Crowd Sourcing a Space Program – Mars One Colony & Asteroid Mining

Crowd sourcing of funds for new projects is an interesting development for any artist. The approach has been used quite successfully by many writers, although these writers already had a large following to begin with. To get an idea of how far this can go, have a look at musician Amanda Palmer’s ted.com talk The Art of Asking. It’s clear the sort of extreme extrovert/sociopathic personality you need to take this to an extreme – hell I couldn’t do it. But it is fascinating. And the possibilities are there.

What is also interesting is how this concept is being applied to the development of the space industry and also space exploration.

Aspiring asteroid miner Planetary Resources is developing a series of spacecraft designed to study solar-system asteroids. The company has just launched a crowd funding campaign to support the development of their Arkyd spacecraft. The deal is, if you donate, you get to use the Arkyd, including potentially directing the vehicle’s space telescope at your own objects of interest.

Planetary Resources aim to mine near-Earth asteroids for precious metals and water, both for use in space and also to supply Earth’s needs. The company has some high-profile support, including James Cameron and Google-man Larry Page.

 

Planetary Resources have just launched a campaign to raise $1 million through public funding. They are waiting to see how much support they gather before deciding whether to also public-fund additional Arkyd spacecraft. For $25 you get a ‘space selfie’ a photo of an uploaded digital image of yourself taken against the background of the telescope in orbit. (Your image appears on a screen on the spacecraft, allowing your image to be in the shot). $99 buys 5 minutes of observation time, while for $150 you can point the telescope at any object of interest you choose and receive a digital copy of the Arkyd photo. That’s pretty cool. I wonder if they would let you drive it?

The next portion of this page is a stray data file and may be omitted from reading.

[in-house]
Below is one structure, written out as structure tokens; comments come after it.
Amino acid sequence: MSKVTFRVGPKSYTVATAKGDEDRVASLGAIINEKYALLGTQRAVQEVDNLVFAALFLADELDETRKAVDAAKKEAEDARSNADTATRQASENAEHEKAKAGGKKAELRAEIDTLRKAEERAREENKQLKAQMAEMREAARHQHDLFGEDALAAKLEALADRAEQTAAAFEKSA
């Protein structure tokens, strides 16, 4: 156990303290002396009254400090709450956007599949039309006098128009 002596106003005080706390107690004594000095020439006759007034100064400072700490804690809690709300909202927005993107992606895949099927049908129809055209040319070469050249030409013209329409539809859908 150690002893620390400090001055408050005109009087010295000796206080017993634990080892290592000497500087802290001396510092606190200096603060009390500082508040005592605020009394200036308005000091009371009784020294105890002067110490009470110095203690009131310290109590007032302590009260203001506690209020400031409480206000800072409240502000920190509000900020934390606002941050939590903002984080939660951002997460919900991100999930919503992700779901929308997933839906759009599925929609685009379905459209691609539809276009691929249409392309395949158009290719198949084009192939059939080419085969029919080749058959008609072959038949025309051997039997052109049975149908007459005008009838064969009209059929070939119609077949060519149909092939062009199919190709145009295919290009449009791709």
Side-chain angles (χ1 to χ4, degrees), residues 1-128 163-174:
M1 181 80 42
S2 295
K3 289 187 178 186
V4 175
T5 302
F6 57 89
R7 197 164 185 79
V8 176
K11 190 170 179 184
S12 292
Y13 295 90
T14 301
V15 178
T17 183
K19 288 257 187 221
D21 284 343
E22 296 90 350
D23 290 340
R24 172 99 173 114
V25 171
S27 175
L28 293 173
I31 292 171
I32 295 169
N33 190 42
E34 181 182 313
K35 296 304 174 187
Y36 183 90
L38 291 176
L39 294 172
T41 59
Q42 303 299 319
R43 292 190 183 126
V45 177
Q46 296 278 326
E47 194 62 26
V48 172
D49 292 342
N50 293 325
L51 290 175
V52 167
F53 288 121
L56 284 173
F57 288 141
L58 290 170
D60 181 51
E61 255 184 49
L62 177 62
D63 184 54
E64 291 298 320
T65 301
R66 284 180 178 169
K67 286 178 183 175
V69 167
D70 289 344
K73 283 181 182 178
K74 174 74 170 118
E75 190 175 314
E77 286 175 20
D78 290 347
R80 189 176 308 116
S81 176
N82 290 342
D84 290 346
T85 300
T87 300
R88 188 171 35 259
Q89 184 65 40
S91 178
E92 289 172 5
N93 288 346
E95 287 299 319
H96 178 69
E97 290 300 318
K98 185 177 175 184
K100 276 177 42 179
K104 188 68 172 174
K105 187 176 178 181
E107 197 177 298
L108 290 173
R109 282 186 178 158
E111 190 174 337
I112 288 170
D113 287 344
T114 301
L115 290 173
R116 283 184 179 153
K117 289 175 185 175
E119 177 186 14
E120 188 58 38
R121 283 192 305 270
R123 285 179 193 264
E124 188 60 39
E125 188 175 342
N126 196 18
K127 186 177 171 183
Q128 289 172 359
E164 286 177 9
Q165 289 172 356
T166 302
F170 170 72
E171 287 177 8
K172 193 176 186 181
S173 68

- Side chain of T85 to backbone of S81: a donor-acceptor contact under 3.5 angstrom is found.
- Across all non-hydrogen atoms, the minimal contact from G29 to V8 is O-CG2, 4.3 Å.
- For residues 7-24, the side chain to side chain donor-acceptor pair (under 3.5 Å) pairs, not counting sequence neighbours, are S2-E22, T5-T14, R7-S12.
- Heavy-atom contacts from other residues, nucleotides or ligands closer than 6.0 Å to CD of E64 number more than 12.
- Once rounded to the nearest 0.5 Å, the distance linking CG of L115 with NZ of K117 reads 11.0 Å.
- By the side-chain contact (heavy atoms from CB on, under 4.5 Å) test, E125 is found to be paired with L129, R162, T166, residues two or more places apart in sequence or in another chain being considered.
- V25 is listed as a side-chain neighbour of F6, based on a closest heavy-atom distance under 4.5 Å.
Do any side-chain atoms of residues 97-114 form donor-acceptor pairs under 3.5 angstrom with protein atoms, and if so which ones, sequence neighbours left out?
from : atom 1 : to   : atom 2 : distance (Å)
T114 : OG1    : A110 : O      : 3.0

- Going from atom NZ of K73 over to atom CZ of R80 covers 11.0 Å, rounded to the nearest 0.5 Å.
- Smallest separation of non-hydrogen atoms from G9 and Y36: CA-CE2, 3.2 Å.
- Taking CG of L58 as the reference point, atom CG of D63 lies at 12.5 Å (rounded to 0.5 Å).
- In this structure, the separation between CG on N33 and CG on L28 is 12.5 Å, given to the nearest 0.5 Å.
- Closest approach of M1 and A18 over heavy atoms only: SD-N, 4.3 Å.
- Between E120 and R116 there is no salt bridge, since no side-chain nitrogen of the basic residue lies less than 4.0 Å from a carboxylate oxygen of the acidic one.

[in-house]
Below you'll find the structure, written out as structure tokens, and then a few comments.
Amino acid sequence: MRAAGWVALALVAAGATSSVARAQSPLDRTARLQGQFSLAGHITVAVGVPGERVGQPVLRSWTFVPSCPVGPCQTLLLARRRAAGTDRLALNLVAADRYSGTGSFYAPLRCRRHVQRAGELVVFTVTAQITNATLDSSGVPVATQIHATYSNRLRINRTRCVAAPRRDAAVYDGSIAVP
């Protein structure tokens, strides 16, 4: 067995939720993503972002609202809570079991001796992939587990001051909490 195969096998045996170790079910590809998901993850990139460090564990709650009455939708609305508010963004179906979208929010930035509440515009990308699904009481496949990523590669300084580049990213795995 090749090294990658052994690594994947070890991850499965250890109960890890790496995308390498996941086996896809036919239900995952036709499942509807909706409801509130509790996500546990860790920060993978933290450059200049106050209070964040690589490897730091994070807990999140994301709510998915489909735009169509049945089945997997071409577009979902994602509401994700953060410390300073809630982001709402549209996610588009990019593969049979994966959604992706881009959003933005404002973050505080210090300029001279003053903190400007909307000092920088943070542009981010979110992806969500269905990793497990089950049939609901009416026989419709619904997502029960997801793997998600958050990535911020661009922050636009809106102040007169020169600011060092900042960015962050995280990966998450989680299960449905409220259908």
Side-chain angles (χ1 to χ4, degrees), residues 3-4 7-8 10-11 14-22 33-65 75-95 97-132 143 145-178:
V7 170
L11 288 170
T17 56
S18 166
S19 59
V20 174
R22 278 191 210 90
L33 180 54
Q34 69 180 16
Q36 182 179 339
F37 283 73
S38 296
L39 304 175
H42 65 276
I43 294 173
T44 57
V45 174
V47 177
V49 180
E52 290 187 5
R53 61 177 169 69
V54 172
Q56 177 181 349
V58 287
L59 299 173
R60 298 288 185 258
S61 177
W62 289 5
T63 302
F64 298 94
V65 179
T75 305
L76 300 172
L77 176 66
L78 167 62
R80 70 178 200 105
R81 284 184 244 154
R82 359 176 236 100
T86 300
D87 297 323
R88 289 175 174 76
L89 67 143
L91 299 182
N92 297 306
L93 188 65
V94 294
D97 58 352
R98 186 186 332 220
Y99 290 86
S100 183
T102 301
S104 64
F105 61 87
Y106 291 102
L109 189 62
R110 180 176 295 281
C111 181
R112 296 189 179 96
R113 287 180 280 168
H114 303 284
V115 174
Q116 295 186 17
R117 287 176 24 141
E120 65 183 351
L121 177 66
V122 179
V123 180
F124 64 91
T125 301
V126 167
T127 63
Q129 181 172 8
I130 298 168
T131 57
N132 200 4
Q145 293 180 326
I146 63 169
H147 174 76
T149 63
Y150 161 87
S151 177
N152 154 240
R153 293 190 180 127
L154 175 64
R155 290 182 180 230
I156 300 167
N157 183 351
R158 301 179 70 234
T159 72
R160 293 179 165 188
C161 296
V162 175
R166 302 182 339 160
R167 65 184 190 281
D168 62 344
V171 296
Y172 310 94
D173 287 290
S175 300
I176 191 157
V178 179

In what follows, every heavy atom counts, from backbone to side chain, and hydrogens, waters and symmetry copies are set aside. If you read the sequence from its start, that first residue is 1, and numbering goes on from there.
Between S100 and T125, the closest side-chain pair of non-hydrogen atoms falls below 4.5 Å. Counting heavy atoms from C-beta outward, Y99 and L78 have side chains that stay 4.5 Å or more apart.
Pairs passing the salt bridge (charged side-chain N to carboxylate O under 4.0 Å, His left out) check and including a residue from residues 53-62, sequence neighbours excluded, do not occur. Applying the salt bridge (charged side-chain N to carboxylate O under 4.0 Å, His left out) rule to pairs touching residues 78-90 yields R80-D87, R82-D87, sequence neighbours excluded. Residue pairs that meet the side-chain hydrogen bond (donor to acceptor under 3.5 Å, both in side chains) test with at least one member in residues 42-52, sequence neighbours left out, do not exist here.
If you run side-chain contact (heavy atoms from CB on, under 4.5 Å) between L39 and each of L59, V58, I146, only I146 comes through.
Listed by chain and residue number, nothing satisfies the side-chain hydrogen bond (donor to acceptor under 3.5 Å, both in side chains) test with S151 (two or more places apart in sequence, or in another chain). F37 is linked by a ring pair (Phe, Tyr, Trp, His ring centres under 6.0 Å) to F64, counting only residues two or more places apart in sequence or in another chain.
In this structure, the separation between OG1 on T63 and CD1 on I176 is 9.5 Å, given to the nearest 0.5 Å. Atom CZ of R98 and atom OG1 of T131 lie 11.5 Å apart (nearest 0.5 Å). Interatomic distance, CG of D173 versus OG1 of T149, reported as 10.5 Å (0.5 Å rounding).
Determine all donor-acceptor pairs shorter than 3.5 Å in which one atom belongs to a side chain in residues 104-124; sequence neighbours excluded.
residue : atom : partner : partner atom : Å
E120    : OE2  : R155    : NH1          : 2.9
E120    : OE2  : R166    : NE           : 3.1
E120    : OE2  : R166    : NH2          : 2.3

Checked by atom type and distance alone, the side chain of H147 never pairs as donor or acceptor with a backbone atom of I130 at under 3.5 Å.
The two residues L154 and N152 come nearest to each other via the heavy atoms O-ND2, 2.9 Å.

Explorers Mars One want to establish a permanent human settlement on Mars by 2023 – an ambitious timetable in anyone’s book. They recently opened for applications for colonists, so if you’re keen to leave the planet permanently, check out the site. While you’re at it, you can look at the profiles of the 80,000 people who have already applied.

Mars One do not intend to be technology developers, instead proposing to use a suite of existing/proven technologies under licence – such as Space X’s Falcon Heavy launcher, a lander envisaged as a variant of Space X’s Dragon capsule – as well as a Mars transit vehicle, rovers, suits, communications systems etc. They already have an impressive list of advisors and ambassadors for the project.

The Mars One model depends on revenue from donations, merchandising and from broadcasts leading up to the event that will focus on a 24/7 ‘Big Brother’ style converge of astronaut candidates. Opponents of Mars One’s approach compare the Mars One concept unfavourably to reality television, and believe the need for ratings will overshadow safety concerns. I wonder what happens when you get voted off the planet?

You can already by the Mars One T-shirt, coffee mug,  hoodie or poster.

What do you think about public-funded projects to get us off the rock? Is this an exciting or frightening development? Should space exploration be left to governments?

Cross-posted at chrismcmahons blog.

10 comments

  1. Explorers Mars One want to establish a permanent human settlement on Mars by 2023 – an ambitious timetable in anyone’s book. They recently opened for applications for colonists, so if you’re keen to leave the planet permanently, check out the site.